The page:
This is the case with our Vega processor. It is designed specifically to execute object-oriented code, such as Java. It has specific instruction sets and component architecture needed to execute this code more efficiently. Because of this specialization we are able to make each core very small and pack up to 48 cores on a single chip in our Vega 2 processor.

Some of the unique instruction sets we can deliver enable us to boost Java performance, such as our instructions for Java memory garbage collection, which allows a single Java application instance to leverage nearly unlimited amounts of memory without a performance penalty - something you can't do with traditional servers.

[Ed] How does multicore hardware change the way that programmers need to think about their art?

[Cliff] In the case of Azul, it doesn't require any change to software design. In fact it opens up new freedoms for Java developers. Now they can take greater advantage of parallelism, use more memory and do more. In the case of other multicore designs, the answer depends.

Some multicore processors, such as Cell are non-homogeneous designs, meaning that all processor cores are not the same. These require very complex changes to software design because you have to schedule the use of certain cores that are in shorter supply than others, for example. This is something game developers have been wrestling with in building content for the Sony PlayStation 3.

[Ed] For years programmers have been taught to use locks and synchronized blocks to support multi-threading. Does having large numbers of cores invalidate that advice?

[Cliff] Multicore, by itself, doesn't change the picture when it comes to locks and synchronized blocks as these are controls put in place to prevent overwrites of objects stored in shared memory. However, with multicore processing you increase the likelihood that parallel threads will need the same shared objects. This is why we implemented Optimistic Thread Concurrency in its systems design.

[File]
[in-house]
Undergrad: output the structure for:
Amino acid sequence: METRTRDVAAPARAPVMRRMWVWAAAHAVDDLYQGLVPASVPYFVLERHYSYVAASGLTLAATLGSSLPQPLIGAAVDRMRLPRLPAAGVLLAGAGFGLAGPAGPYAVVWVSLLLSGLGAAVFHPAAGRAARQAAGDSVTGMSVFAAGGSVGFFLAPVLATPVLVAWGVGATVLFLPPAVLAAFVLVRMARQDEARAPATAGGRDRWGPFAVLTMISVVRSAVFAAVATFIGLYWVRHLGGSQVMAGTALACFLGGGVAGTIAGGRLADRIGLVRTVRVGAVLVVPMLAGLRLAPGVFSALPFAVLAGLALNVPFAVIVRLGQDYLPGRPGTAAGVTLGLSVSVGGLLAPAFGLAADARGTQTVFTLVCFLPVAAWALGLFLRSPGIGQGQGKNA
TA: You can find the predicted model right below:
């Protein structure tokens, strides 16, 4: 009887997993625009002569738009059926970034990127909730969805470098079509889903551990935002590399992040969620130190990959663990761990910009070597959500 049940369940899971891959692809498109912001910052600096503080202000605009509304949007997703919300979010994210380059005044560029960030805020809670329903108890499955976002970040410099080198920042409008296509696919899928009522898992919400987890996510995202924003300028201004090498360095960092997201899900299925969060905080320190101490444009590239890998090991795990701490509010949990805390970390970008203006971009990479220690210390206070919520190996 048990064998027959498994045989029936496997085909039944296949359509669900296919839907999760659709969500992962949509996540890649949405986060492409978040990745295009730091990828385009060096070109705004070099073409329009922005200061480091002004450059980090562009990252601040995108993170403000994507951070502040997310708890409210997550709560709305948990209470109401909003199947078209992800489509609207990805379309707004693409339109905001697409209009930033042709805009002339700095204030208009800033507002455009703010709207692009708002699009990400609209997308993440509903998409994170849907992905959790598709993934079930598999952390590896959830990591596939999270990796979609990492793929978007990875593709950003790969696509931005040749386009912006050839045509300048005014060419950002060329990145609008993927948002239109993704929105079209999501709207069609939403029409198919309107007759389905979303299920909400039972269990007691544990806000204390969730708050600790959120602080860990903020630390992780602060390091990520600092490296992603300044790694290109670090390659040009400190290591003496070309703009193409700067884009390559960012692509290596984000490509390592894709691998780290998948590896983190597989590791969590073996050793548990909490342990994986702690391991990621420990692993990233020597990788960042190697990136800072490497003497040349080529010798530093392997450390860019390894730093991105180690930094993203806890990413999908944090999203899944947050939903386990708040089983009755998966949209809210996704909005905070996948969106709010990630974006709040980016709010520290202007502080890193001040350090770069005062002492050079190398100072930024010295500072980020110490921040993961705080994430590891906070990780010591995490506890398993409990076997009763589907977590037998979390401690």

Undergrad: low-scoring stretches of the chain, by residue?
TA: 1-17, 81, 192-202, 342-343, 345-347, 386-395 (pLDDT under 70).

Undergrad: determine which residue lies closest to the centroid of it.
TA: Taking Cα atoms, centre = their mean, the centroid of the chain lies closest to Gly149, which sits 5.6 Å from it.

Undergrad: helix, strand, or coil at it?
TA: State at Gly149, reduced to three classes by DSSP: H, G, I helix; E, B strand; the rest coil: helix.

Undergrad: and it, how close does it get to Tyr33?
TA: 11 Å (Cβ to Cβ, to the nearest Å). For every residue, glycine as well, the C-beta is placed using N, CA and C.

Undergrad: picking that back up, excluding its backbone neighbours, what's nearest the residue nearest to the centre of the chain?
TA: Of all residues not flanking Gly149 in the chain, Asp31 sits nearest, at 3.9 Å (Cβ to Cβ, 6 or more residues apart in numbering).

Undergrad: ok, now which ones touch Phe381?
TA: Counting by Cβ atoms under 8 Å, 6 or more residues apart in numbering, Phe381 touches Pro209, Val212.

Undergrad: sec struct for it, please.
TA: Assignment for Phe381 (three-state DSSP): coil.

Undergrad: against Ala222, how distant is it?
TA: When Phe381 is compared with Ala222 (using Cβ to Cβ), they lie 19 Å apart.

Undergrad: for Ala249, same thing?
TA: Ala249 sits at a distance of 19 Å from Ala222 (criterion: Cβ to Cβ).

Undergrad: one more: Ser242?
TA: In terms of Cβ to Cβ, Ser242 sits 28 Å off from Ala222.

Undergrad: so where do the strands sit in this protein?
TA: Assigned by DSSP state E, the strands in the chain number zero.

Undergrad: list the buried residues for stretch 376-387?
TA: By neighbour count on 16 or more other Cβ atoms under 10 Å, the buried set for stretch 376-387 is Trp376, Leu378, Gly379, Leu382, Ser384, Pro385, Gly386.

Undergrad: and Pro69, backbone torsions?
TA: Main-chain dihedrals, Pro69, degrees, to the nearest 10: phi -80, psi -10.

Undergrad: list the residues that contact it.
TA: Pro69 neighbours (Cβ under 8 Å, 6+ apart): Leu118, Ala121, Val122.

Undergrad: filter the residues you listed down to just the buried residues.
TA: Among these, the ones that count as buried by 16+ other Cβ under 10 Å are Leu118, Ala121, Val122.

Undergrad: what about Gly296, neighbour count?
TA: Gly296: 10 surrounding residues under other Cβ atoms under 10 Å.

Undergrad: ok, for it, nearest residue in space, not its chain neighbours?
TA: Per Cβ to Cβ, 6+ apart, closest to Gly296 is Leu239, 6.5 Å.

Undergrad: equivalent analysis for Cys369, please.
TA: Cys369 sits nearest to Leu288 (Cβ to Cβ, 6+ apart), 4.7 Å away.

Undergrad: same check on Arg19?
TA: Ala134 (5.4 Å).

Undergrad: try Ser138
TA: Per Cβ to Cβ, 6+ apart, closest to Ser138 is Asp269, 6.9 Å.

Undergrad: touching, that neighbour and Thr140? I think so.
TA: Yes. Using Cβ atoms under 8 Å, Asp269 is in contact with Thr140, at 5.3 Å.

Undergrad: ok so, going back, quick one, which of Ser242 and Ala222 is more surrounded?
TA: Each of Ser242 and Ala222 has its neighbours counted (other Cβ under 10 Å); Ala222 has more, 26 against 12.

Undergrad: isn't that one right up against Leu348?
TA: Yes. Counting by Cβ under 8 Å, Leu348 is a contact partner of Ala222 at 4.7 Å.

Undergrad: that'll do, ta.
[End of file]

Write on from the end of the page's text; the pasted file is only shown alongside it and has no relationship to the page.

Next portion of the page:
This is a technology, first introduced in the database world, that allows us to monitor the use of shared objects in memory and allows parallel threads to bypass locks to read the same shared objects at the same time. If we detect a write attempt to that shared object we can back out the other threads requesting that shared object until the write completes; then we let them all back in again. This is a unique characteristic of our system design, rather than something inherent about multicore processor design.

[Ed] Does massively multicore hardware demand new programming languages and paradigms?

[Cliff] In some cases, yes. In the case of Azul, no. Standard Java code runs unmodified on our systems. For programmers who want to write to the specific instruction sets of these new multicore designs, such as IBM Cell and others, yes, they need the specific instructions to do so. Java applications are masked from the specific instructions of the Vega processor by the Azul Virtual Machine. Just write standard Java code, load it into our VM and you are off and running.

[Ed's note: In fact, Azul changed the instruction set between Vega 1 and Vega 2 to help get a 300% boost in speed over the one they showed at JavaOne. But since all application code is in Java, there was no need to recompile it to run on the new machine.] 


With more than twenty-five years experience developing compilers, Cliff serves as Azul Systems' Chief JVM Architect. Cliff joined Azul in 2002 from Sun Microsystems where he was the architect and lead developer of the HotSpot Server Compiler, a technology that has delivered dramatic improvements in Java performance since its inception. Previously he was with Motorola where he helped deliver industry leading SpecInt2000 scores on PowerPC chips, and before that he researched compiler technology at HP Labs. Cliff has been writing optimizing compilers and JITs for over 15 years. He is invited to speak regularly at industry and academic conferences including JavaOne, JVM'04 and VEE'05 and has published many papers about HotSpot technology. Cliff holds a PhD in Computer Science from Rice University.